Sometimes I think that opportunity is a luck of the draw thing. I don’t know if some people get more opportunities than others or maybe some people just see opportunities more than others? Whatever the case your opportunity is coming, it’s on it’s way. But to be truly great, to make the kind of impact that you and I long for we need to be good enough to warrant success and we need to be willing to do whatever it takes to make it happen.
I don’t have a definition for “good enough”, but you must understand that just because you like it, doesn’t mean that it will go to market. If what you’re creating is purely for yourself, that is SO ok! Not everyone wants to make a big deal of what they are doing. Creating for the joy of the experience is totally valid and completely wonderful! There are a plethora of incredible visionaries and artists who were not widely celebrated by their contemporaries.
If you do want to make a big deal of it, you’ve got to work it:
1. Create. Put the time aside in your day or week to pump out your 500 or 5000 words. Go to the painting cave and don’t you dare come out until it’s done. Write 20 awful songs until you get one that you like. Produce some worthy of attention. No excuses.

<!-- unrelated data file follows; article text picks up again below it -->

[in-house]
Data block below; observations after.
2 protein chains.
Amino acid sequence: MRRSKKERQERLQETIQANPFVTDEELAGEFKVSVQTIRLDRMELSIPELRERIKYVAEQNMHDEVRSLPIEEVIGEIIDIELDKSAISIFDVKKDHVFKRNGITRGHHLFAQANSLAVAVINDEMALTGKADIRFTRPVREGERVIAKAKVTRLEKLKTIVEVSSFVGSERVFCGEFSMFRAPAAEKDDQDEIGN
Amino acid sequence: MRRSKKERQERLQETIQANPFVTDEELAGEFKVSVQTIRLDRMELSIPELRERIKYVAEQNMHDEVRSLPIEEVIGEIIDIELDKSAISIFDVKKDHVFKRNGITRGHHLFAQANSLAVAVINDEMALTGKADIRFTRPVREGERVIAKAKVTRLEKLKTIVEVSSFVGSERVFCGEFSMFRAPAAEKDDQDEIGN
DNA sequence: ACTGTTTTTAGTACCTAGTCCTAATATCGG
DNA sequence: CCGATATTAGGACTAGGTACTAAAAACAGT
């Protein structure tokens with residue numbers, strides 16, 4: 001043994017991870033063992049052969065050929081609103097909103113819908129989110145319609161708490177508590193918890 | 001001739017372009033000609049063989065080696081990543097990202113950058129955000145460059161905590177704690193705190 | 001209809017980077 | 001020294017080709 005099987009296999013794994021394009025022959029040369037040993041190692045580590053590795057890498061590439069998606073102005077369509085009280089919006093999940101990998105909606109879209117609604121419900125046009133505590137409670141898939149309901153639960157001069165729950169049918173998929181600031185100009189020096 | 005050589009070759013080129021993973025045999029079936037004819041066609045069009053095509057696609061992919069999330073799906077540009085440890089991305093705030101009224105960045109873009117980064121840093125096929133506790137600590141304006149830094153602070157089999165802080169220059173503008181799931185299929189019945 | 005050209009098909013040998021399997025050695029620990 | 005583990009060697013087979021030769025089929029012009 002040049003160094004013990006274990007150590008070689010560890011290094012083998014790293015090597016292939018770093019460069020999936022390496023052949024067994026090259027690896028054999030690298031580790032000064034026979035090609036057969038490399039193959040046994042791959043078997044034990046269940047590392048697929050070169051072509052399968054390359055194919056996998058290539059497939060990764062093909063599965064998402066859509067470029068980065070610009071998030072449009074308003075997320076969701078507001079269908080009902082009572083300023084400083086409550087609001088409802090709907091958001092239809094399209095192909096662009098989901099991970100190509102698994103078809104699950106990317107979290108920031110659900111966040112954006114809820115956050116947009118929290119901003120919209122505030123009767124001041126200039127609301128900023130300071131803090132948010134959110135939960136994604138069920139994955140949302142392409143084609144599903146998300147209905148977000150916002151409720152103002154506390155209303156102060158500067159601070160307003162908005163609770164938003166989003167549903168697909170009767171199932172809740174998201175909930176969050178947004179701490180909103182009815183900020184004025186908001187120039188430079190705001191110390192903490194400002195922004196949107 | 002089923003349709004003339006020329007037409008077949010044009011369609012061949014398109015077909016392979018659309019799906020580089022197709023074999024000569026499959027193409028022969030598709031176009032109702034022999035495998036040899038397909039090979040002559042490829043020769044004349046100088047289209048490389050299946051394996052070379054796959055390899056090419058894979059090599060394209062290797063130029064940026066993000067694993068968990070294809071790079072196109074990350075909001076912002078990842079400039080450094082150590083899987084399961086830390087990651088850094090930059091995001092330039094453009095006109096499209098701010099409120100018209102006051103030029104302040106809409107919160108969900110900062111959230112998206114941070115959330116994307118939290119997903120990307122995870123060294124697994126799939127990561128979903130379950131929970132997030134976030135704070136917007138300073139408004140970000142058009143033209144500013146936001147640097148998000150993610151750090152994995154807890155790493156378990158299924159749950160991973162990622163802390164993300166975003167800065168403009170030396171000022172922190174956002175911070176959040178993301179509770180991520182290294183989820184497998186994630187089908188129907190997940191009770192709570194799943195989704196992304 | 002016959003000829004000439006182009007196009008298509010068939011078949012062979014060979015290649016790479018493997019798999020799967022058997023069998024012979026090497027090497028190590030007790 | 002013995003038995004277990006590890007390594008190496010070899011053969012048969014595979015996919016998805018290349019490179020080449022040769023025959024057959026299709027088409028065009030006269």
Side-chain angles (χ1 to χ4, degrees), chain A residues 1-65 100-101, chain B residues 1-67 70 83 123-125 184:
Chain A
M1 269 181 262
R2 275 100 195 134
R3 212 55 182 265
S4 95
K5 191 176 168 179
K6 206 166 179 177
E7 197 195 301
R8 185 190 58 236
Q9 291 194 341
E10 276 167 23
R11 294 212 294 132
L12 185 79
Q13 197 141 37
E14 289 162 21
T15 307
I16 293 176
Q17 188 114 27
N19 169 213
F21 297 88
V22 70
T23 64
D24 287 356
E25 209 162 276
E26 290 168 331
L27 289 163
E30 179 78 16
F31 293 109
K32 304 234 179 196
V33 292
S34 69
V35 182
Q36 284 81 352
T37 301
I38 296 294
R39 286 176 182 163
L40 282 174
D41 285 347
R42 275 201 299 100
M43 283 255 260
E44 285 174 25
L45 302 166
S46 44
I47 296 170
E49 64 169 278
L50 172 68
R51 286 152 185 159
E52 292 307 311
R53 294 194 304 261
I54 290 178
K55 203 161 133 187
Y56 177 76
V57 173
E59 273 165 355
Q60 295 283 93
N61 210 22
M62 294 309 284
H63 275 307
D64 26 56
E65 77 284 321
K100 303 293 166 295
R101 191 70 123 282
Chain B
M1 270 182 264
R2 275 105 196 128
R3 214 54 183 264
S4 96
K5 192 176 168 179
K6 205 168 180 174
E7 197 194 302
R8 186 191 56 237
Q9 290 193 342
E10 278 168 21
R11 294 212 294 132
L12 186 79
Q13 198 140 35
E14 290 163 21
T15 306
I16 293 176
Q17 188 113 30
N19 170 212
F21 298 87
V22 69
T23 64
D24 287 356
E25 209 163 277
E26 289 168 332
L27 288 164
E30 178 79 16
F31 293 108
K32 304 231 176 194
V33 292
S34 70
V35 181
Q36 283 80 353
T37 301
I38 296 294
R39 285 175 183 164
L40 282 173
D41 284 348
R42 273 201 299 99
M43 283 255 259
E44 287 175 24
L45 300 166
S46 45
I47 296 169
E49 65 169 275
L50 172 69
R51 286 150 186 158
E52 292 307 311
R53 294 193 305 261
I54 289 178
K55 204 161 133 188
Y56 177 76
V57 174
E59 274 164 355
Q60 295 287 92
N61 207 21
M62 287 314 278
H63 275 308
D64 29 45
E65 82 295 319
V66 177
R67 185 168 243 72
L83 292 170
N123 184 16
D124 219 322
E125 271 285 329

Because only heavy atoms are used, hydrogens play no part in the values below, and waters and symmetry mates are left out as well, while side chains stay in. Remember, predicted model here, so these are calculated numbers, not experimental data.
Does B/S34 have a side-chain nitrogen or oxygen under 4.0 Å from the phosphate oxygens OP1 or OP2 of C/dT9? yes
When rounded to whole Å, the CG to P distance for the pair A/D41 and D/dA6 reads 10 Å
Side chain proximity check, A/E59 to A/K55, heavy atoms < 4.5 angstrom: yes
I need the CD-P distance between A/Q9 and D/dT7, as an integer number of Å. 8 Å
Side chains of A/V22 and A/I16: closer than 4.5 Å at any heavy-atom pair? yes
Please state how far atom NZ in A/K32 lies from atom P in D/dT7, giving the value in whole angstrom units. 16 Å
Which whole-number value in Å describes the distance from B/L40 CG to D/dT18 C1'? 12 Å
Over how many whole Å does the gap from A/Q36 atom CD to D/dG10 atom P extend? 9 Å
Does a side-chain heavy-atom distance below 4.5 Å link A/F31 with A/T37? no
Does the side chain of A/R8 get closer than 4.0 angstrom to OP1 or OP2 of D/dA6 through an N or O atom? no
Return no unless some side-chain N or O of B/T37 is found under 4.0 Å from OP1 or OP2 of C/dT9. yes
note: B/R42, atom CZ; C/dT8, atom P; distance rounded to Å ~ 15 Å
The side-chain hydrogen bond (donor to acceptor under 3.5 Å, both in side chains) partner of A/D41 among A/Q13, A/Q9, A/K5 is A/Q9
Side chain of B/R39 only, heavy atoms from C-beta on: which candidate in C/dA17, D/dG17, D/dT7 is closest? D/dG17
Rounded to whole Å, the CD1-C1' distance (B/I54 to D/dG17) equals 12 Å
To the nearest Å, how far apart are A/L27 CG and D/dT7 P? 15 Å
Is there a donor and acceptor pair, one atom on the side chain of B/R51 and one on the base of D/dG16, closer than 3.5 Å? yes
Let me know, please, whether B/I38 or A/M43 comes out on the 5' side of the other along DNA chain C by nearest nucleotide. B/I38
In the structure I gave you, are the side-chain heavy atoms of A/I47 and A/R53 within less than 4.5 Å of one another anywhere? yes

2. Care. You are the only person who cares about this part of you right now. Others may love and care for you, but no-one knows what it will cost you to give this thing life. You have care more about this than anyone else, you have to care about it EVEN IF no one else ever does. You have to practice while no-one is watching, you have to sweat over it quietly for as long as it takes.
3. Ship. Put it on your website. Share it with/ sell it to your friends and family. Book gigs or market stalls or art galleries. Submit your poems to publishers. Audition. Do it for free, do it for a feed, do it in exchange for something, just do it!
4. Refine. Look you’re probably pretty good, but don’t ever be so arrogant (or insecure) that you can’t accept quality feedback. If a good editor makes some suggestions, thank them for their time and do something with those suggestions. If no-one is coming to your gigs or they don’t buy your EP afterwards, work on new stuff – try a new direction or just be more disciplined about practising! If you’re having a little success, but not breaking through to your sales goals, do a short course on small business marketing, contact a business owner you admire and arrange a skype chat or coffee. Don’t settle for average, you could be a few tweaks away from glorious.